Dear Stoner: I’m in the midst of a devastating family situation and am so blindsided by grief and stress that I need something to calm me down and help me fall asleep. I don’t wish to smoke, but am open to other suggestions.
Dear Elizabeth: If this situation is temporary, using cannabis to help you calm down and sleep is a great idea. Sometimes exercise, hobbies and self-reflection just aren’t enough to send you to sleep, and when you’re wide awake at night trying to hold back tears, something as simple as a pot cookie can help you fall asleep, regroup and move forward.
Vaporizing, though not technically smoking, makes you feel as if you just smoked. It’s not quite as bad for your lungs or throat, but it’s not good for them, either. Still, smoking and vaping are the best ways to consume when dealing with stress, in my opinion. The euphoria and relaxation hit you immediately, and a strong indica will knock a new toker out with ease. If you can’t handle a vaporizer, though, edibles are a logical choice — but start slow until you know your tolerance. Expect stress relief and possible giggles in anywhere from thirty minutes to two hours, followed by a strong night’s sleep. If you’ve never eaten edibles, start with ten milligrams, see how you feel in two hours, then go from there. Hope you feel better soon.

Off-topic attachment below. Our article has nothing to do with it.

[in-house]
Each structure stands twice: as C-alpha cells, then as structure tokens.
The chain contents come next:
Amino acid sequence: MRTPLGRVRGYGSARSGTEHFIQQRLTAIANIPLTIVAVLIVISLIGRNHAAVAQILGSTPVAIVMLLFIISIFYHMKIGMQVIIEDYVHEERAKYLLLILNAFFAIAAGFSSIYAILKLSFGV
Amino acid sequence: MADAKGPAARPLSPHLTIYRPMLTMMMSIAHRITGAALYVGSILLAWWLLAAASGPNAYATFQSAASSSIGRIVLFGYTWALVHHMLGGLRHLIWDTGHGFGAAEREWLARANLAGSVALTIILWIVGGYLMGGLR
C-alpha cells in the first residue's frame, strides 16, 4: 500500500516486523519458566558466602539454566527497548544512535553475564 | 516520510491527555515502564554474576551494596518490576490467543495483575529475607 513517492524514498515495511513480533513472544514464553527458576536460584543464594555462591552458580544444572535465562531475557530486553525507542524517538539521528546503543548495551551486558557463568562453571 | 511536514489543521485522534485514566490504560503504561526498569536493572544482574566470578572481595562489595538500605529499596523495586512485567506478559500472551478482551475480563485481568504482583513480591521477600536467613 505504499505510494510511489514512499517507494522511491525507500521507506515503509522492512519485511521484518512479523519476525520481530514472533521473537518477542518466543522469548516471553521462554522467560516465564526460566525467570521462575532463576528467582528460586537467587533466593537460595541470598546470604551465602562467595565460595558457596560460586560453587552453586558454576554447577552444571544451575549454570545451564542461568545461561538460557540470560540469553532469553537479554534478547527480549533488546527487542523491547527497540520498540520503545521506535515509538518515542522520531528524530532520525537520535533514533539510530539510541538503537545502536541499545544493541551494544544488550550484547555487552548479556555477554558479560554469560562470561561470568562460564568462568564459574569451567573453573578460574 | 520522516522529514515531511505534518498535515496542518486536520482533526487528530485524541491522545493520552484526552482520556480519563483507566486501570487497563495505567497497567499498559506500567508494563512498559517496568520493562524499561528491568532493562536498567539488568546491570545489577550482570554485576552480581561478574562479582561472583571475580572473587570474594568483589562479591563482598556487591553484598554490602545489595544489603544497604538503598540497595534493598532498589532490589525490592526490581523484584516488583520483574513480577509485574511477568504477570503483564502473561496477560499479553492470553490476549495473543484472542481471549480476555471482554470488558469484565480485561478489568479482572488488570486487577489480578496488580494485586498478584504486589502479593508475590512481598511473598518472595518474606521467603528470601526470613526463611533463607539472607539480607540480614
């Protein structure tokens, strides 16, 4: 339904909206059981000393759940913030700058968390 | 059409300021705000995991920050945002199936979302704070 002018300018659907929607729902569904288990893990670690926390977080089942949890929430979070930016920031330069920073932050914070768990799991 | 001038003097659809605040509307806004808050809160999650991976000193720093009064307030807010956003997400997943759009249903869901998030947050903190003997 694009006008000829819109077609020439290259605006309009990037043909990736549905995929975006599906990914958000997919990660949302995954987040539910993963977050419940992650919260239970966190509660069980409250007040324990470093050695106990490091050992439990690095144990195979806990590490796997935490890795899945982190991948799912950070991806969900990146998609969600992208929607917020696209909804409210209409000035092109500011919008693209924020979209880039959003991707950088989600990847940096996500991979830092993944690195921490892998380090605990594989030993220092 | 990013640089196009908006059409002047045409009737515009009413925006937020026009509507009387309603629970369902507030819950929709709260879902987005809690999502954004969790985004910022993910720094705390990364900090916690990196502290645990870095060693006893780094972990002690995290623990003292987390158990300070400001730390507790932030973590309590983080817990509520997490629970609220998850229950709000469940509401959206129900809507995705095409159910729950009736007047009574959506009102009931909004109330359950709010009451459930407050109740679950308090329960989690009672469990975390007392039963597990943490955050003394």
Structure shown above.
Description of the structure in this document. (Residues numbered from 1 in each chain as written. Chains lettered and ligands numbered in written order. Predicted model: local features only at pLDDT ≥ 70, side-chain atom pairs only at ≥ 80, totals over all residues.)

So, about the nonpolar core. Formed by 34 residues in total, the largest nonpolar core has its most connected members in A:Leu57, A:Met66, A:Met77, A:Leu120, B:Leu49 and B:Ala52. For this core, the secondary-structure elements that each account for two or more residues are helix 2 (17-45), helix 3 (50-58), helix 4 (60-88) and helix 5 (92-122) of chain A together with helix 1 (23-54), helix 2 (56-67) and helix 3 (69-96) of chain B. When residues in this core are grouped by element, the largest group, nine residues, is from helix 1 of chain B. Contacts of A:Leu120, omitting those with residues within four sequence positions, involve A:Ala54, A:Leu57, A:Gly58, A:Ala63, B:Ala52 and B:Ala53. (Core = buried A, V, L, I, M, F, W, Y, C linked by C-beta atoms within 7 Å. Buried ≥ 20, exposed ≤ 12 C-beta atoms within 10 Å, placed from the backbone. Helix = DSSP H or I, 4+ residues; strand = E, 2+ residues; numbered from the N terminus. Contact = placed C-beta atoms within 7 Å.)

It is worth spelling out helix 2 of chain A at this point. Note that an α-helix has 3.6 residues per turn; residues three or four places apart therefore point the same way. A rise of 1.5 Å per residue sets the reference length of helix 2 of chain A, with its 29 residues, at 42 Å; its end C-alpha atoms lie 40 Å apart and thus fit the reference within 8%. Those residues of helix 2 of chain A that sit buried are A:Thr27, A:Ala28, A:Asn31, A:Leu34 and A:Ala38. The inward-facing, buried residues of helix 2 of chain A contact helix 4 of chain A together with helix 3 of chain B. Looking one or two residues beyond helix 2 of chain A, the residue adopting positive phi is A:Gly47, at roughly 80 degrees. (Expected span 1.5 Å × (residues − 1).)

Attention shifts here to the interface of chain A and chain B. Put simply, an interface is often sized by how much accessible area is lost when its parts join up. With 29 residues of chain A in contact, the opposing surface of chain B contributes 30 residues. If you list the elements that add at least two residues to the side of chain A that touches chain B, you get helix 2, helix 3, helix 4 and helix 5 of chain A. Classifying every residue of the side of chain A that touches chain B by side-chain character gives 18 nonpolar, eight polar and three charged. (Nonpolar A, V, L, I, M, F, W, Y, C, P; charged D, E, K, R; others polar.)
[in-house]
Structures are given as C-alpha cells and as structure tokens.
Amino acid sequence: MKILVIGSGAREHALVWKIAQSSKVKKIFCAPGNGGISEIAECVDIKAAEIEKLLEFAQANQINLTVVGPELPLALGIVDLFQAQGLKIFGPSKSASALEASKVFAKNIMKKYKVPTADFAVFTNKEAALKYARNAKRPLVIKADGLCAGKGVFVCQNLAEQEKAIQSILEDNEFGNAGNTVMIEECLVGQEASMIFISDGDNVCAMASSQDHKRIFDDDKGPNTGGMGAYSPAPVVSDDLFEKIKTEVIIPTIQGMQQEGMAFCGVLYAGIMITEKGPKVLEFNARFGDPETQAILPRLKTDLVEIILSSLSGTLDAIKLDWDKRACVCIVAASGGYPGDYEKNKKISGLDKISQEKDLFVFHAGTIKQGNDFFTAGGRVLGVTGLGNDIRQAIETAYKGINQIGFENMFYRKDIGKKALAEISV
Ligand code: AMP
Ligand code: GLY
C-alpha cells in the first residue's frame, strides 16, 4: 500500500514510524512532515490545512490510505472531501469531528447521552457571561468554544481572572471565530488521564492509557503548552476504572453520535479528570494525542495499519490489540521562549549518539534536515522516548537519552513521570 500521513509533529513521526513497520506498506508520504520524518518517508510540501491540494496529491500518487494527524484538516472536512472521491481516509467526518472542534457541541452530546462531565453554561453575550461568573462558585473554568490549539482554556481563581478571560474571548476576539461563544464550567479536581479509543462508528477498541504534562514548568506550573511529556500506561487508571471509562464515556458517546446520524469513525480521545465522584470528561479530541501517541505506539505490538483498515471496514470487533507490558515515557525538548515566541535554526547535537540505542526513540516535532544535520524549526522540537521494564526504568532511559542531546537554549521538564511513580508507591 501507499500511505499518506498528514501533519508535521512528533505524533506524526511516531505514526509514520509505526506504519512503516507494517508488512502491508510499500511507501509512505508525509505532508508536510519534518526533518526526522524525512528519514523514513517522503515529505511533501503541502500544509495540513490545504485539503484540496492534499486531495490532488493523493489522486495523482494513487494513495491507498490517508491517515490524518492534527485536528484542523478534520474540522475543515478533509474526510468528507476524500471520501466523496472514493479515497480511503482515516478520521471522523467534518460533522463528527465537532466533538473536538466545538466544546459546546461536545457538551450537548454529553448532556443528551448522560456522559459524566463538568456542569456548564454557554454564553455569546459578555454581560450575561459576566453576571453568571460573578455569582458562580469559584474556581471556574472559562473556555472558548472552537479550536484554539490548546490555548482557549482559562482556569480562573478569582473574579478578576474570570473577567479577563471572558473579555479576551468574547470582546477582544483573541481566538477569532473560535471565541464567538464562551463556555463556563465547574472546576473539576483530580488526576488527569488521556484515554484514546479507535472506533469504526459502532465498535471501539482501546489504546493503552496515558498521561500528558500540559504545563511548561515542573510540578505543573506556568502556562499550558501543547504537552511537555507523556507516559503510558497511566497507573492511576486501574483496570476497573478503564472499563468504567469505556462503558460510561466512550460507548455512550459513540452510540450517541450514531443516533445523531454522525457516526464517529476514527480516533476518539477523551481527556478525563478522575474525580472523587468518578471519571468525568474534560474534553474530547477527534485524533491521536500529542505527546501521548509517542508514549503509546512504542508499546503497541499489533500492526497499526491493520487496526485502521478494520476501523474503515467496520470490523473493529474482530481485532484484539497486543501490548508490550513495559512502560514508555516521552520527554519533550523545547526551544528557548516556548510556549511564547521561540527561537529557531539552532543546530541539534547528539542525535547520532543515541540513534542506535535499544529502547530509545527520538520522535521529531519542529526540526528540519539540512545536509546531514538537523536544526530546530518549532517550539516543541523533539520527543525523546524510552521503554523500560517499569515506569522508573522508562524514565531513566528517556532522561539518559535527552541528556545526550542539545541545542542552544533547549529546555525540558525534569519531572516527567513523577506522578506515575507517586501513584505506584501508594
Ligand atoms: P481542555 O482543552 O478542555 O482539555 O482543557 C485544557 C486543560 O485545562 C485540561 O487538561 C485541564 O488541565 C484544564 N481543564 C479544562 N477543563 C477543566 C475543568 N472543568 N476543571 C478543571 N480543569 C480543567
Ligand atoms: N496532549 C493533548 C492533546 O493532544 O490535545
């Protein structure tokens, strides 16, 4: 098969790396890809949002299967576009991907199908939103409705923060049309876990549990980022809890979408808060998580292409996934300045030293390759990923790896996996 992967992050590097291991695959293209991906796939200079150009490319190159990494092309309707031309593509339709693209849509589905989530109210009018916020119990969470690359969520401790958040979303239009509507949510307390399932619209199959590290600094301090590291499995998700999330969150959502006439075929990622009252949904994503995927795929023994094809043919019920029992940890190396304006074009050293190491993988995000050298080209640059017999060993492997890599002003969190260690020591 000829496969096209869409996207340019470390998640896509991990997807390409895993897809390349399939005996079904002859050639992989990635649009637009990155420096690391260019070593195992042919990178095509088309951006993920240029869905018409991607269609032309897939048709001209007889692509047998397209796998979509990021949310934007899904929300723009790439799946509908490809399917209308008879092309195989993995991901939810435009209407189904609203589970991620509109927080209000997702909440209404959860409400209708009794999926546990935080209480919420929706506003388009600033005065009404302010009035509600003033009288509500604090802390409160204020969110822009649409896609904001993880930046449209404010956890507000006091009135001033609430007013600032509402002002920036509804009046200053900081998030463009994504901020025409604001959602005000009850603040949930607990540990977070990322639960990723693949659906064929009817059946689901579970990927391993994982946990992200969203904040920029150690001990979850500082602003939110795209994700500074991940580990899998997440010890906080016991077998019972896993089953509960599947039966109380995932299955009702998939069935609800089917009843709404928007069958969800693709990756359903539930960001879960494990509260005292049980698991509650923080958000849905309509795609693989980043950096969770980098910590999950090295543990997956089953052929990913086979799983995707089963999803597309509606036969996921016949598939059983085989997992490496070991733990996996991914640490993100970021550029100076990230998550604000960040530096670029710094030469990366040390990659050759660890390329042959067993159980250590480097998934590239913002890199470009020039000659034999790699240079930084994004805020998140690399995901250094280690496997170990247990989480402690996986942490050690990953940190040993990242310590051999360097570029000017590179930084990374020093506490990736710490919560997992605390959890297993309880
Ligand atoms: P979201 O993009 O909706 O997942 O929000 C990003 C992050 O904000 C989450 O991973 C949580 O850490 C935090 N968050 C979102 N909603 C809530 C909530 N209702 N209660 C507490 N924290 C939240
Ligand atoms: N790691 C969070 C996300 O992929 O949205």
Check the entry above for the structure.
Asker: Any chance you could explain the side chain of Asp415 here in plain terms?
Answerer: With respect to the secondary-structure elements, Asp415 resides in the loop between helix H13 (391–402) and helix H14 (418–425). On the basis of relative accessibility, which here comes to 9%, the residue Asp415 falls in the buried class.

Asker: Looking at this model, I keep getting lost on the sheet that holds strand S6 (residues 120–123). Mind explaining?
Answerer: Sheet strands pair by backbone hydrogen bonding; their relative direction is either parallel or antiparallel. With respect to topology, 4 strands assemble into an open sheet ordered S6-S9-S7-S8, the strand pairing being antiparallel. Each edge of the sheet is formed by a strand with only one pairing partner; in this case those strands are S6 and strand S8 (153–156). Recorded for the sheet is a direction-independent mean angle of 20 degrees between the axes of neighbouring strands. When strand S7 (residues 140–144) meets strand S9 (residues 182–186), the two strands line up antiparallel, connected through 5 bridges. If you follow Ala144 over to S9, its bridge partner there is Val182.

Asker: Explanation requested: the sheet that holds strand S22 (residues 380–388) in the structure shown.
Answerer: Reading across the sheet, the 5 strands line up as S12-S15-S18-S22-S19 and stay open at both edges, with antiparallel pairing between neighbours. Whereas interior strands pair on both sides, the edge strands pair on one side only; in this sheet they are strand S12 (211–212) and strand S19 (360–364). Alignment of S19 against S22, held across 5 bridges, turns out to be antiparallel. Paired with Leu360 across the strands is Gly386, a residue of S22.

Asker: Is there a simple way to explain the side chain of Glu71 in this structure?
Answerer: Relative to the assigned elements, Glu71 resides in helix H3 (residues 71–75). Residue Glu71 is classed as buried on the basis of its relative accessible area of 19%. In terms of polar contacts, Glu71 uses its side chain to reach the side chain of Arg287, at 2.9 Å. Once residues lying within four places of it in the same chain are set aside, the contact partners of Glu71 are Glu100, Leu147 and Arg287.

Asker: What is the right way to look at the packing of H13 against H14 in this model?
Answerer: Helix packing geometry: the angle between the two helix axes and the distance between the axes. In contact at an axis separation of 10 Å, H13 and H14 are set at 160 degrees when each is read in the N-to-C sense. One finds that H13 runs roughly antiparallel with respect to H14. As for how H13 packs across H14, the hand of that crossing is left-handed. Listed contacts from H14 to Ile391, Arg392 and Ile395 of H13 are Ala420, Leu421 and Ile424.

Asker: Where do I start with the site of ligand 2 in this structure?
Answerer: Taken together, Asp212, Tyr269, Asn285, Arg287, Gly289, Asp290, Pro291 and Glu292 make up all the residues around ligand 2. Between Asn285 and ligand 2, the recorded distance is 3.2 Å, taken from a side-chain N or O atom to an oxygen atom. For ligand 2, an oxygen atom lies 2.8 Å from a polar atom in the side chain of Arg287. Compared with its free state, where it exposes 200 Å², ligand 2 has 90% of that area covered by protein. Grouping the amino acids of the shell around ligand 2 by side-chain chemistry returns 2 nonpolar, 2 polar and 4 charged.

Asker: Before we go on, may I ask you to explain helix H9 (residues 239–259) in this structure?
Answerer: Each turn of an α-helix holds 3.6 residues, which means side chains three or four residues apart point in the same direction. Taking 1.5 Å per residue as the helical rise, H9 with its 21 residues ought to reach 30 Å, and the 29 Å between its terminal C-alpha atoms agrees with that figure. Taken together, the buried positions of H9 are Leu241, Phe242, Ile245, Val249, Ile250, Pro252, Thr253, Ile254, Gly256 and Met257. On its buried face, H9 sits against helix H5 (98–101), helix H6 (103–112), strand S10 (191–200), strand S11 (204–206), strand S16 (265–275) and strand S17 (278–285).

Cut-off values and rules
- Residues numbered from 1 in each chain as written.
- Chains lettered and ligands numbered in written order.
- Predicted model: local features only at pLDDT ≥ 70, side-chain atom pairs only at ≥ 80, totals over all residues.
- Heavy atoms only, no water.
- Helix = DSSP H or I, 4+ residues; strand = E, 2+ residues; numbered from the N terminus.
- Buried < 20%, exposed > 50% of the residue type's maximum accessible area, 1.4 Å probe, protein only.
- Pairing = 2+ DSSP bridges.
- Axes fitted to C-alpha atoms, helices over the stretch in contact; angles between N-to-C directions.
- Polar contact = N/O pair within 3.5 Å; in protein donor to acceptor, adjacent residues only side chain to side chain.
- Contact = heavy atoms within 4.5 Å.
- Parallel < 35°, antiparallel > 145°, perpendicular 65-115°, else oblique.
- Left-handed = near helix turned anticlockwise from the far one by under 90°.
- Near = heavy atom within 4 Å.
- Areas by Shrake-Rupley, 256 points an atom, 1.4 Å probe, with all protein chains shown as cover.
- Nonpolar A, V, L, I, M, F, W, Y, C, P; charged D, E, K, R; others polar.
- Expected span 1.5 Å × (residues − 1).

Dear Stoner: I’ve noticed that I’m paying around $50 to $60 for an eighth these days. I remember paying $50 to $75 a quarter from people who took pride. Is it greed in the marijuana industry, or the government?
Dear Shawn: Where are you buying your pot? Do you go to shops filled with people that basically scream “I’m a yuppie fucking tourist”? Because I rarely see eighths that cost that much for Colorado residents at dispensaries nowadays. Several months ago, I wrote a piece using data from BDS Analytics that listed the average price for a gram of flower (including single grams, eighths, quarters and so on) at $5.77 the week of 4/20 this year and $6.67 during the rest of April, down from an average of $8.86 in the first quarter of 2014.
Pot prices aren’t what they were at the beginning of legalization, and street prices (from those people who took pride) never went up. If your dealer won’t sell you a good quarter-ounce of pot for $75, find a new one. I’m not saying that greed and inflated prices don’t exist in the industry, but the market has largely shifted to the consumer.